- DU projects in Michigan, Ohio receive $599,177 from U.S. Fish and Wildlife Service
- Award is part of Great Lakes Fish and Wildlife Restoration Act
- Projects in Michigan’s St. John’s Marsh, Ohio’s Toussaint Wildlife Area will improve habitat for waterfowl, wildlife and recreation.
ANN ARBOR, Michigan – July 29, 2016 – Ducks Unlimited was awarded $559,177 from the U.S. Fish and Wildlife Service to enhance 380 acres at coastal wetlands in Michigan and Ohio important to waterfowl, recreation and wildlife.
The projects will improve Michigan’s St. John’s Marsh and Ohio’s Toussaint Wildlife Area. The funding is part of $1.58 million awarded under the Great Lakes Fish and Wildlife Restoration Act grant program to restore sustainable populations of fish and wildlife resources, and their habitats, in the Great Lakes Basin. Eight projects were funded.
“Ducks Unlimited relies on the Great Lakes Fish and Wildlife Restoration Act as an invaluable resource to protect and restore wetlands,” said David Brakhage, Ducks Unlimited Great Lakes/Atlantic Regional Director. “The coastal restoration projects at St. John’s Marsh in Michigan and Toussaint Wildlife Area in Ohio are examples of conservation benefiting not only waterfowl and wildlife habitat but also recreational opportunities for people.”
The $599,177 will be split between the Michigan and Ohio projects. Both projects are scheduled to be complete within two years.
St. John’s Marsh – Located in St. Clair County, Michigan, St. John’s Marsh is part of one of the largest, most productive and biologically diverse freshwater deltas in the United States. Owned by the Michigan Department of Natural Resources, it’s a tremendous waterfowl and recreational area, but is choked with invasive phragmites vegetation. This project will enhance 295 acres of wetlands by improving waterway connections between the marsh and Lake St. Clair. These improvements will allow the Michigan DNR to manage water levels in the marsh to help control phragmites while proving better habitat for fish and wildlife. Construction will begin late 2016 or early 2017 and is part of a larger effort between Ducks Unlimited and the DNR to eventually restore and enhance 627 acres at St. John’s Marsh. Also providing funding for this project is DU partner Axalta Coating Systems.
Toussaint Wildlife Area – A popular public use area owned by the Ohio Division of Wildlife, Toussaint is managed to provide coastal wetland habitat for wildlife and outdoor recreation. Toussaint was formerly a waterfowl hunt club. This project will enhance 85 acres of coastal wetlands by reconnecting the area to the Toussaint River and improving outdated infrastructure. The upgrades will improve seasonal fish access and habitat for waterfowl. This is part of a 125-acre restoration program which received $600,000 in funding from the National Oceanic and Atmospheric Administration.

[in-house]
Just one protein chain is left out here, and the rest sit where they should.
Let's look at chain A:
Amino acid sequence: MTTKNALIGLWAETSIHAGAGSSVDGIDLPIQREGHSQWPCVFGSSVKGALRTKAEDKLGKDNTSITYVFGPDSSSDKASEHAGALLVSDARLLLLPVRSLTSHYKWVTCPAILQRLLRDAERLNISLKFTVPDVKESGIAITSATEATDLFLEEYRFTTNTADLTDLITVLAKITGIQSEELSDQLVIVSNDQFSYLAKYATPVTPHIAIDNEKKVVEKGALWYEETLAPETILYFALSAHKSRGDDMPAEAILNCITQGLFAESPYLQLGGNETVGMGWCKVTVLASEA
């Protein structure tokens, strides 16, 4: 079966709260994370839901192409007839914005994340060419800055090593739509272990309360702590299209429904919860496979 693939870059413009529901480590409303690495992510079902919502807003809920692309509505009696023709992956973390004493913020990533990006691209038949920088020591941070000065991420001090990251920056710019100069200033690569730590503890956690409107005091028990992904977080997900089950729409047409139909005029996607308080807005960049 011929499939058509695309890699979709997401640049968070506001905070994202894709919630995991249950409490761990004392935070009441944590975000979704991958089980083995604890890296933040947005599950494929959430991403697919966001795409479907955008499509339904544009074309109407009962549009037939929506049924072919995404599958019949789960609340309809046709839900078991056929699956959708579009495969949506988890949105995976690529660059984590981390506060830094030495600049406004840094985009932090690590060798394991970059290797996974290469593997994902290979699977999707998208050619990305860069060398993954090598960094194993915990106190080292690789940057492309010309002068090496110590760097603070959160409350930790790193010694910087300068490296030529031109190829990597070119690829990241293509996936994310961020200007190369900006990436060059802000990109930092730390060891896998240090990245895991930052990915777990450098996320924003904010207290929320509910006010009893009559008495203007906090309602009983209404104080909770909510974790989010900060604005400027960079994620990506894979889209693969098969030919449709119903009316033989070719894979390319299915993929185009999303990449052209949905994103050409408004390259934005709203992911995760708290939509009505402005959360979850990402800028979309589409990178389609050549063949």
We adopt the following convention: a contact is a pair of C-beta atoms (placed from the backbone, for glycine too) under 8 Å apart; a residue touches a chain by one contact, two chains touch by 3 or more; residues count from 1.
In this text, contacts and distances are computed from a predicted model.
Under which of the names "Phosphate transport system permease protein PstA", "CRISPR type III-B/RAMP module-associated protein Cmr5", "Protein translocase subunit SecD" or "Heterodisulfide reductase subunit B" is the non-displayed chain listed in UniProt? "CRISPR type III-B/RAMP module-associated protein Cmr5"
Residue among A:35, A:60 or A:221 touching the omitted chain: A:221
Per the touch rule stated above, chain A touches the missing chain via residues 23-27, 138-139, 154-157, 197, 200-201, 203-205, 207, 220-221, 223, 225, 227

Since 1998, the restoration act has provided more than $24.4 million dollars in federal funding to 157 research and restoration projects. When combined with required matching funds, this equals to more than $36.1 million worth of benefits to Great Lakes fish, wildlife and the habitats they depend on. More than 100 organizations have contributed more than $11.7 million in matching non-federal partner support.
The Great Lakes Fish and Wildlife Restoration Act is a powerful tool to help support research and conservation in the Great Lakes Basin. It is supported in part by the Great Lakes Restoration Initiative, which provided $1.22 million in 2016 funding.
Ducks Unlimited Inc. is the world's largest nonprofit organization dedicated to conserving North America's continually disappearing waterfowl habitats. Established in 1937, Ducks Unlimited has conserved more than 13.6 million acres thanks to contributions from more than a million supporters across the continent. Guided by science and dedicated to program efficiency, DU works toward the vision of wetlands sufficient to fill the skies with waterfowl today, tomorrow and forever. For more information on our work, visit www.ducks.org.